It might be peak summer holiday time, with many of us planning far-flung breaks across the globe, but there’s a whole world of exotic dining to enjoy in Britain that we barely need to leave our doorsteps for.
As a nation, 43% of us ate out at least once a week last year, and we spent a total of £85 billion dining in cafes, pubs and restaurant in 2017. But what’s proving even more popular is our ever-expanding appetite for new tastes and different world cuisines, which astute chefs are plating up for us across the country.
Cousins Shamil and Kavi Thakrar were well aware of the UK’s obsession with curry - it is our national dish, after all - but when they set up Dishoom, they were inspired by a more specific type of Indian cuisine; the Iranian cafes of Bombay, opened by the Zoroastrian immigrants who resettled there in the early 1900s.
The Thakrars opened their debut venue in Covent Garden in 2010 and it’s fair to say business is booming. Five more restaurants have opened across the UK since then - including Shoreditch and Kensington in London, and one in Edinburgh - and the amount of people Instagramming their cult bacon naan breakfast wrap is off the charts.
Dishoom executive chef, Naved Nasir, says a vital part of creating such a unique menu is by visiting his home country regularly: “I go back to India at least two or three times a year. I am really lucky – every year I get to be part of the Dishoom Bombay Bootcamp, where we take team members who have been with us for five years or more on a guided tour of Bombay to learn about its food, culture and heritage. It’s a really fantastic, foodie experience and a great time for me to do research.”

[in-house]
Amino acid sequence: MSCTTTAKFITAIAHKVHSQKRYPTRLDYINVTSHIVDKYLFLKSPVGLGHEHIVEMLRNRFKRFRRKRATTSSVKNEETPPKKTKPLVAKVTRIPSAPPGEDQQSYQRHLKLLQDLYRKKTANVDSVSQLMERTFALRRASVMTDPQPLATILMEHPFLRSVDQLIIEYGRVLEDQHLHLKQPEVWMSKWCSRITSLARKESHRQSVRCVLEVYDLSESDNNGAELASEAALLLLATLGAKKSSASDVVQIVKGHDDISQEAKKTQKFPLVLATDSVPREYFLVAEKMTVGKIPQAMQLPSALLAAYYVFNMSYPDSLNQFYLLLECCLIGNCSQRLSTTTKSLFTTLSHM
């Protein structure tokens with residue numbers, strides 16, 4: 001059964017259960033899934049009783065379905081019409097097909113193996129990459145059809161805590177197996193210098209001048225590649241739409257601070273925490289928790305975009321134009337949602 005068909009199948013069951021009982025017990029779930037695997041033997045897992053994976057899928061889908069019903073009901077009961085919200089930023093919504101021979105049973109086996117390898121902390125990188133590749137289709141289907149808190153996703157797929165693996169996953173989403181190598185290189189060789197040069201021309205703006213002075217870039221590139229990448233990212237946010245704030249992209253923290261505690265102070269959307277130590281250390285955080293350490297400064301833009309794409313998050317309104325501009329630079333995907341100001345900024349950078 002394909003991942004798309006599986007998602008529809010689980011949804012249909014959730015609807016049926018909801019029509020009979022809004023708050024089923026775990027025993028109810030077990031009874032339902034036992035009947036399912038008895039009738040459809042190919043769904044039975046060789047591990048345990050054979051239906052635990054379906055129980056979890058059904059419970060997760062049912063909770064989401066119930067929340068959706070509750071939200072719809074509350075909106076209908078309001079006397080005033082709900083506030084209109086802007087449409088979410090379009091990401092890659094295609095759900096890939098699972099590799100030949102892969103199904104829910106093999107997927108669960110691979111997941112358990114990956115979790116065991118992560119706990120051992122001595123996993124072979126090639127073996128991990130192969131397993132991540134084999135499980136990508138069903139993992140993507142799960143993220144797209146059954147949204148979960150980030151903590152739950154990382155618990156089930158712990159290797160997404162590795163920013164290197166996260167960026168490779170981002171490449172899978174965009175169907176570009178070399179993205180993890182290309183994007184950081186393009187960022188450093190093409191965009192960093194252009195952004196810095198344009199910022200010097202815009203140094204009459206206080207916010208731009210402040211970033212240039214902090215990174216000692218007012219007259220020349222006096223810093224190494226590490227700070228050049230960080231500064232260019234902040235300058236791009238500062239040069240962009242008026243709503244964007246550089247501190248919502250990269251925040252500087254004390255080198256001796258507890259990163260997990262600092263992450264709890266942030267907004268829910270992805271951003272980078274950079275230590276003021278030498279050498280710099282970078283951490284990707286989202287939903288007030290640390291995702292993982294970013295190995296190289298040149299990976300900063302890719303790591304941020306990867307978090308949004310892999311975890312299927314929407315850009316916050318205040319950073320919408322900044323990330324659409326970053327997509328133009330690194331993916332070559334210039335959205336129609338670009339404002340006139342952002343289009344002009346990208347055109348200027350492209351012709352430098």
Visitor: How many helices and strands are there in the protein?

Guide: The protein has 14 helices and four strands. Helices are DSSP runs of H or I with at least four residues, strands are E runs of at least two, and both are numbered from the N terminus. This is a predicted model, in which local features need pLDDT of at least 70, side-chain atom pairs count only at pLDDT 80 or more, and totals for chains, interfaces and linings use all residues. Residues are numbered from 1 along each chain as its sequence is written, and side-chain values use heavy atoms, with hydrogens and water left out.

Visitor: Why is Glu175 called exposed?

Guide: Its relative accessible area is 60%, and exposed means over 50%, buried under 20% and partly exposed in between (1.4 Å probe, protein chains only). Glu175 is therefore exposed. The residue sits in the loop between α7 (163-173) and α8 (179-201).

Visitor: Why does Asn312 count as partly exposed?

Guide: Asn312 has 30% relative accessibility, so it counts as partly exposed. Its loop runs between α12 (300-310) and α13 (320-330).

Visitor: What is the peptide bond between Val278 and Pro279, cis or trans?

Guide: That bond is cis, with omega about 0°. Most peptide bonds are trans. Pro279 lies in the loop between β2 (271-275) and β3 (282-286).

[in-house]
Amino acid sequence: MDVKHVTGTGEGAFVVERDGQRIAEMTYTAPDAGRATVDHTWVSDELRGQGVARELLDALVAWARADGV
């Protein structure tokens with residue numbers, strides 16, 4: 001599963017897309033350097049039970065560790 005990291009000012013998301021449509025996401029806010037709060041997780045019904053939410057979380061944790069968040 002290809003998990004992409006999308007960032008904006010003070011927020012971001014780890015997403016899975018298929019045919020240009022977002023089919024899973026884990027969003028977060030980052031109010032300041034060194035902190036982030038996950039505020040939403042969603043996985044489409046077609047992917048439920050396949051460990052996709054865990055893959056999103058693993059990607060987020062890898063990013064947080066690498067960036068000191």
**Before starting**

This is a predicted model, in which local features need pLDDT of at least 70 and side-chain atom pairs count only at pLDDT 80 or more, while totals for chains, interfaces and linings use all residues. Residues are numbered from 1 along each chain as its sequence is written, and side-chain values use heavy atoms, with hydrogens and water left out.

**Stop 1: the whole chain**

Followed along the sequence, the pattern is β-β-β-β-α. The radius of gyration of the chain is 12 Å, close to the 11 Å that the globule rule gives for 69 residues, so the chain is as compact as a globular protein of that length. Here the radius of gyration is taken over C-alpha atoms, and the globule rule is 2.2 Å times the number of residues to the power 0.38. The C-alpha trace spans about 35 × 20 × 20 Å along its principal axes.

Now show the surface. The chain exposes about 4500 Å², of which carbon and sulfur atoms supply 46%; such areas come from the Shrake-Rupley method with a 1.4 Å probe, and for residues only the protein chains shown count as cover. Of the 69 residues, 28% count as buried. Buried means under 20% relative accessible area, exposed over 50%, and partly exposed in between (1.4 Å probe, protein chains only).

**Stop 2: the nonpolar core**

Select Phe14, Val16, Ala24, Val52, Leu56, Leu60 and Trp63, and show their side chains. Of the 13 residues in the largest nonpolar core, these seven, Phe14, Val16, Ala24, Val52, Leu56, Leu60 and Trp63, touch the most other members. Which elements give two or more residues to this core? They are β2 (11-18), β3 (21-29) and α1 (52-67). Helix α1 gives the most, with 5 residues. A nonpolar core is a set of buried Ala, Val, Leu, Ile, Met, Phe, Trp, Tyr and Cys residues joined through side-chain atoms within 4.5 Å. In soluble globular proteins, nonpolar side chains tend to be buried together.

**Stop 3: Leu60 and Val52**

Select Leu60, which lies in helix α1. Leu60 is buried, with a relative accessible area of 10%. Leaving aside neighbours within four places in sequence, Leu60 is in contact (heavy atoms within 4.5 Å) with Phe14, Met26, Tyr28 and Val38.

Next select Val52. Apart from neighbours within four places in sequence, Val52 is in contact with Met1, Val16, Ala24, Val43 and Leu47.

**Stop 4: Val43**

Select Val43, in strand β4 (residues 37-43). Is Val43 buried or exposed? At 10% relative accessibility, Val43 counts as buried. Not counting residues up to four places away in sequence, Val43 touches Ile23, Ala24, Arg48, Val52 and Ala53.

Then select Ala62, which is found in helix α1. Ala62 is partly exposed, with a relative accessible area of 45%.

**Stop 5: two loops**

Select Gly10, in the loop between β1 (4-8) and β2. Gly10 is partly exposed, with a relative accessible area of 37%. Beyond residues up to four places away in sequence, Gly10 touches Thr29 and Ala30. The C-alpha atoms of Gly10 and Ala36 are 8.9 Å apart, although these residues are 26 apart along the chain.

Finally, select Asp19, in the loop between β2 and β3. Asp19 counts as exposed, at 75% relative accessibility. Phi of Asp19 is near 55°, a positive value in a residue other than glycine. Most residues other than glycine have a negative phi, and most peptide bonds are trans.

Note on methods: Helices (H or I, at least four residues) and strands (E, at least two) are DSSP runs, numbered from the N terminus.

He adds: “The city is a huge source of inspiration for me. I love wondering around the streets. On one of my previous visits, I had the best ever Nalli Nihari - which is a really hearty, lamb-on-the-bone stew - from Surti Bara Handi on Mohammed Ali Road. We now serve a version as the King’s Cross restaurant as a special dish. Then I had the idea of the option of adding bheja (lamb brains), which gives it a lovely extra richness.”
Nasir looks to the melting-pot of cultures in the Indian city - the Hindus, Muslim and Parsis - and the different spots like cafés, grills, street stalls and homes in which they cook up traditional food for his own culinary creations.
“There’s one ingredient I’ve got my eye on that I’d like to bring back to the UK, which is yellow chilli powder,” he says. “I love the flavour of it. It is sharp and fragrant and also gives dishes a lovely colour. It’s a key ingredient for biryanis and marinades, but it isn’t available in this country - yet.”
Sanguan Parr is head chef at Nipa Thai at Royal Lancaster London and she says she travels to her home town near Phuket every few years to ensure her menu stays fresh, yet in-keeping with traditional cuisine.
But in addition to this, she has a much more 2018 way for her to be inspired by far-off food trends in other countries: the internet. She explains: “I stay connected by watching Thai cooking videos on Youtube to find out new ingredients, recipes and trends.”